His outbursts are extreme but he has no way of understanding them and I have no way of explaining to him.
His meltdowns make it almost obligatory for parents to stare and judge.
He is THAT kid that parents steer their kids away from fear of him being too boisterous or a bit trigger happy with the pushing.
So that is why I called time on time outs. Because it turns out being exactly what I feared the most, isn’t actually that scary after all.
Stopping has been hard. When you have a seemingly gold standard, fool-proof way of dealing with situations that you feel out of control of, it’s very tricky not to fall on old comfortable habits. I’ve had a few slip ups. I hated myself for them because they were as pathetic as Christmas-gate. But when the time outs don’t give you the result you want, where do you go next? Smacking? I’ve been tempted and that was also part of the problem.
But whilst I can’t help my son (yet) to understand his emotions, I can help my daughter to understand hers. By giving them names so they become easier to express. I’m desperately trying not to care what other people think when they’re clearly judging my parenting whilst my son flails on the floor screaming in a pitch only a spectrum child can reach – it’s heart breaking. I’ve managed to let go of a lot of control. I’ve had to. It was useless. I have managed to bring out my more easy going side and choose my battles wisely. Ergo, deciding that there are very few battles that are ever truly ‘won’ when the opponent is a child.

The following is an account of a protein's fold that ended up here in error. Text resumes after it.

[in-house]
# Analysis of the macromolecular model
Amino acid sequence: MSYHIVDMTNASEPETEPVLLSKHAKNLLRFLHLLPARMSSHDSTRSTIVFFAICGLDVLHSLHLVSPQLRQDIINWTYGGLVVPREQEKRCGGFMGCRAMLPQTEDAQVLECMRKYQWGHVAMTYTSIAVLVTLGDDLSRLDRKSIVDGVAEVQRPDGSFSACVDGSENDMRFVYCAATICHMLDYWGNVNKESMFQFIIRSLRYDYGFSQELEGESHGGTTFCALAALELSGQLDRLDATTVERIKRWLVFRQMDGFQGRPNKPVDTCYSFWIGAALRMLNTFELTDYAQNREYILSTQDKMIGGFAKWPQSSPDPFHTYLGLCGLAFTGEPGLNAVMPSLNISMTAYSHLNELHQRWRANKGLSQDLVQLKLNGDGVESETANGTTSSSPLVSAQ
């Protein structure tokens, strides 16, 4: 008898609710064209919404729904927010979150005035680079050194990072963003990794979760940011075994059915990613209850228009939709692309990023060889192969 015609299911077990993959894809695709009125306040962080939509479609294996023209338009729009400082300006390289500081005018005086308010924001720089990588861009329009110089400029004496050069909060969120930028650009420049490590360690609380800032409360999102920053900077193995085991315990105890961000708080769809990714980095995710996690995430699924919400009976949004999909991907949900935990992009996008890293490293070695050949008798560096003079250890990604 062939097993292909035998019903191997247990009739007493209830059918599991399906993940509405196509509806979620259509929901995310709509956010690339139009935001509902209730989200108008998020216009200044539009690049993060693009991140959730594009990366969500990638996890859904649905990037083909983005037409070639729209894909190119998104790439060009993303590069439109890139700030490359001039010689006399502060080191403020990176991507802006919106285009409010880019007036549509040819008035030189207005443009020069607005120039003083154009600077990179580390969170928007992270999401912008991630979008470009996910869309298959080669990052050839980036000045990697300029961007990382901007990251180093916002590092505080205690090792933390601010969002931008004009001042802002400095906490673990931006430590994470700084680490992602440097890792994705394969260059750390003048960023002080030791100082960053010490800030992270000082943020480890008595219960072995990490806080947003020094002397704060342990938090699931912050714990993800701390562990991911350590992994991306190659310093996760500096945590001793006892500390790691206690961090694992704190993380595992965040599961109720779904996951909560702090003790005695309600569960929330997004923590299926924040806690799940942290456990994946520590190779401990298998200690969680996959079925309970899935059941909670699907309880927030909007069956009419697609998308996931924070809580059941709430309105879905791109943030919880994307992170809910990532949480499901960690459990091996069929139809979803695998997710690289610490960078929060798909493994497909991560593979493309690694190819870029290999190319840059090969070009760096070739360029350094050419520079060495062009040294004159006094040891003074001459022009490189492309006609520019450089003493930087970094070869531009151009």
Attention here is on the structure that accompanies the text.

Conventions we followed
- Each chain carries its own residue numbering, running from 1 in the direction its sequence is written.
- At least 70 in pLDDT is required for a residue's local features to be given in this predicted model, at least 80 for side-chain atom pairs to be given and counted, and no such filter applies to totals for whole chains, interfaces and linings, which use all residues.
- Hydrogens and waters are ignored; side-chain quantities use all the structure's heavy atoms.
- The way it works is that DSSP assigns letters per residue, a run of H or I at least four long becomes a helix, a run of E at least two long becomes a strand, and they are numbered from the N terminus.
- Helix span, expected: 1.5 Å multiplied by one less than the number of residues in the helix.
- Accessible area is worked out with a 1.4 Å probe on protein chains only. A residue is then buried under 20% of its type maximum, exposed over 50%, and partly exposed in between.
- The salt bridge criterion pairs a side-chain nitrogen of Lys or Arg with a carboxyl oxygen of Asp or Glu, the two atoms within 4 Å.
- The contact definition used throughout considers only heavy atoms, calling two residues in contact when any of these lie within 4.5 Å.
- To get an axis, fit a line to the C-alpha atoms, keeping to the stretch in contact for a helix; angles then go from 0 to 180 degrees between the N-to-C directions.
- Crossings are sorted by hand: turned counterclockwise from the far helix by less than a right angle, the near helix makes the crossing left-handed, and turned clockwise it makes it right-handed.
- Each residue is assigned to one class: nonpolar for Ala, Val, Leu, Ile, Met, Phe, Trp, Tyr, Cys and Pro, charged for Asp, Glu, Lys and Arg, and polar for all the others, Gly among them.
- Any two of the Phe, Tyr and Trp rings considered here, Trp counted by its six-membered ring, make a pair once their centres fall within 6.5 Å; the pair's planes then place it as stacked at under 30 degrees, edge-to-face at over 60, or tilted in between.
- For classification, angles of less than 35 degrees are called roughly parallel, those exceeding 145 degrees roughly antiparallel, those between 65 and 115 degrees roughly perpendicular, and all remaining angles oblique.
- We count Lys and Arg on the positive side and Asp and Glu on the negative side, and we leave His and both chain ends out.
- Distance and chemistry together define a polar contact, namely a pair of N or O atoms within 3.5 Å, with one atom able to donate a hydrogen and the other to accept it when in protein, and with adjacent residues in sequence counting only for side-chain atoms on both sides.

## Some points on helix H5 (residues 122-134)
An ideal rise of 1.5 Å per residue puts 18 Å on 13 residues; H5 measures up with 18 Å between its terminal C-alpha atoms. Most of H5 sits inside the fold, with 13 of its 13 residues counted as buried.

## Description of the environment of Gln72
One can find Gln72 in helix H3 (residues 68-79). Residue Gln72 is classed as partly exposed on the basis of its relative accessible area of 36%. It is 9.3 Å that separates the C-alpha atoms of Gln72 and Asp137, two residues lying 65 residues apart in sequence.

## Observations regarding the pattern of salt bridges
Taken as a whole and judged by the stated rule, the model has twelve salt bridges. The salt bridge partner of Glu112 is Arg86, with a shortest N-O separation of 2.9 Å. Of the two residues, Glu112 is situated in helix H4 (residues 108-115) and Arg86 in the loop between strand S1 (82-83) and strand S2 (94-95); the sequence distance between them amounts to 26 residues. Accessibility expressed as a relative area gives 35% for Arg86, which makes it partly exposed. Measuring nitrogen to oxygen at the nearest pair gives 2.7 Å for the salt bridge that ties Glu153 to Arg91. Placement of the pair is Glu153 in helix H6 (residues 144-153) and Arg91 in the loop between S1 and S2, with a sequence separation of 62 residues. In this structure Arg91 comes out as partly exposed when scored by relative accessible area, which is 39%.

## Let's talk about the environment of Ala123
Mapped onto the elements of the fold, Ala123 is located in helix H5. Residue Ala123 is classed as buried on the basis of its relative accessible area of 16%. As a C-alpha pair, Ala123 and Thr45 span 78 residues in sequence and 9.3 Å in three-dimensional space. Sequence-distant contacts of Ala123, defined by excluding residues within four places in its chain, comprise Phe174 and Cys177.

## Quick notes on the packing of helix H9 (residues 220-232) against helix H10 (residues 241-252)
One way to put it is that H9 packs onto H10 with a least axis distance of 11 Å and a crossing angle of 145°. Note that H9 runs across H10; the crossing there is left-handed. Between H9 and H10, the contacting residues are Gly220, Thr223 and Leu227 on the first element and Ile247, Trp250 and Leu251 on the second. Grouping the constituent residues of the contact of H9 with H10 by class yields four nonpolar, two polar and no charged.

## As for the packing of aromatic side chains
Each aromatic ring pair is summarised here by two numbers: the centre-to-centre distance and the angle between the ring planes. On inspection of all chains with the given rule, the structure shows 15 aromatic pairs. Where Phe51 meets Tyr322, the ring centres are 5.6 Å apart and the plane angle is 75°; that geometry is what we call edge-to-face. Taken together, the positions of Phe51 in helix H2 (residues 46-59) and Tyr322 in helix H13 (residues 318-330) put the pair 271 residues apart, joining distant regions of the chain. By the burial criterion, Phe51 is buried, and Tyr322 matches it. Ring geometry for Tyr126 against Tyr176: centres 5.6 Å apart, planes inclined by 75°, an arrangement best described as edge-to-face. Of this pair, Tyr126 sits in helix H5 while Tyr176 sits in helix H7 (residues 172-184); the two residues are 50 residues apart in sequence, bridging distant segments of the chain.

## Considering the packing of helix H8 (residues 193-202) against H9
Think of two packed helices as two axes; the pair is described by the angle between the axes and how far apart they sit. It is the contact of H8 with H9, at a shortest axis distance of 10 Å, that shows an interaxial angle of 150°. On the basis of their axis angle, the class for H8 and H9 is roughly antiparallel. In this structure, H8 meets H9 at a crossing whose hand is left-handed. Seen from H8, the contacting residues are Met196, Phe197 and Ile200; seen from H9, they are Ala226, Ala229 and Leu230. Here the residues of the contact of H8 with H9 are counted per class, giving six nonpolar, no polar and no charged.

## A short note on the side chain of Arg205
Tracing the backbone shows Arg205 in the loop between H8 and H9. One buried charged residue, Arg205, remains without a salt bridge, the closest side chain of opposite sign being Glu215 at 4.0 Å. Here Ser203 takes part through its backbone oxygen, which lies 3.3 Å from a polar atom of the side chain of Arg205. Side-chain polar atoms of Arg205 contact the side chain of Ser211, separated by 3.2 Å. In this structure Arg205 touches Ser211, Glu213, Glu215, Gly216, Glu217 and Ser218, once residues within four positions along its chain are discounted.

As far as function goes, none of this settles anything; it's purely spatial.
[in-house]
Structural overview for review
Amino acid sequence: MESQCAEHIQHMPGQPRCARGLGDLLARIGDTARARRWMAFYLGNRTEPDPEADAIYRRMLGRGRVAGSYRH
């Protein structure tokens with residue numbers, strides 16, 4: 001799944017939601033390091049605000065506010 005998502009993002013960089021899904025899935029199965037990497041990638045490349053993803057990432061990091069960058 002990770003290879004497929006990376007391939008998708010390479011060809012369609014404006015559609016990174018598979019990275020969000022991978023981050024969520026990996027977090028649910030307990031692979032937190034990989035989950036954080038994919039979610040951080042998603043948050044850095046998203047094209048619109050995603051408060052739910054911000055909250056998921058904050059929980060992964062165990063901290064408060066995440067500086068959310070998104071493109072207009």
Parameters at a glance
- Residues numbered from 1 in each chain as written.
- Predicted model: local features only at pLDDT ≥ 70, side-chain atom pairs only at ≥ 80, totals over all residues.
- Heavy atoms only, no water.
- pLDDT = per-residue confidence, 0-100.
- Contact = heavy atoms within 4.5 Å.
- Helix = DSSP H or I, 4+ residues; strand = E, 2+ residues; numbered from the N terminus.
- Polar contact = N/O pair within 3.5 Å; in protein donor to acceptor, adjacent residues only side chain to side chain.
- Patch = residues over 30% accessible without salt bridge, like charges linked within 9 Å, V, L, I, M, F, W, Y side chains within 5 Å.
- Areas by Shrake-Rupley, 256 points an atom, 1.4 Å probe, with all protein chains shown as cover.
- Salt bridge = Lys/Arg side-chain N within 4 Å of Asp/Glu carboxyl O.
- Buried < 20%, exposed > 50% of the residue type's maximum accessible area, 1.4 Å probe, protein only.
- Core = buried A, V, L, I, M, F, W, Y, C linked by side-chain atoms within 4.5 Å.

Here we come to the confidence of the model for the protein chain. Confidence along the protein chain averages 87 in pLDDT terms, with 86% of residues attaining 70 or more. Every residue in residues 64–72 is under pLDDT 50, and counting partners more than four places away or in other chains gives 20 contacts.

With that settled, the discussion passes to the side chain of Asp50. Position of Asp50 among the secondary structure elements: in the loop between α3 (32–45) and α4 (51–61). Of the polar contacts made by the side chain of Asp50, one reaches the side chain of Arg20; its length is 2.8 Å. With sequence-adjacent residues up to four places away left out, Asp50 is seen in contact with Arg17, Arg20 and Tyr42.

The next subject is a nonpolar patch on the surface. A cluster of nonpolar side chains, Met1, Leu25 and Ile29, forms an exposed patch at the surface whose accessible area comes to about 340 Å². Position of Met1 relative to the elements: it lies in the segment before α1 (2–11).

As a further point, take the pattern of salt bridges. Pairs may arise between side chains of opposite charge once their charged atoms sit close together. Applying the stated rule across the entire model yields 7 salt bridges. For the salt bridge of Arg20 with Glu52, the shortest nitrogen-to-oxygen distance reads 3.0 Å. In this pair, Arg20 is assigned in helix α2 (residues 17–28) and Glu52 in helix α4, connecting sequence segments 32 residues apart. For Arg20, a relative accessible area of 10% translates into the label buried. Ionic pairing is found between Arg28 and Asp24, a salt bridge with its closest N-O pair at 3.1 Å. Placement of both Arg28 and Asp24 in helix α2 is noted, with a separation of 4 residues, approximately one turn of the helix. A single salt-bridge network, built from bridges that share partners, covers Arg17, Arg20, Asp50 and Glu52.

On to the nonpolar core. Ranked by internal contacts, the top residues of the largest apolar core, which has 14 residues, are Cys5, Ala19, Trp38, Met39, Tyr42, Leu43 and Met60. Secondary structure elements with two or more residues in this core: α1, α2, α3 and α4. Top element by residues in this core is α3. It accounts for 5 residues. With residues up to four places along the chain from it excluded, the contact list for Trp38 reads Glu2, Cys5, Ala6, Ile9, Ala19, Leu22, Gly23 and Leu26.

The house feels calmer. It feels happier. Of course freewill is as annoying as ever but I can live with it. Probably until she hits puberty. Then I’ll perhaps just hide under my bed.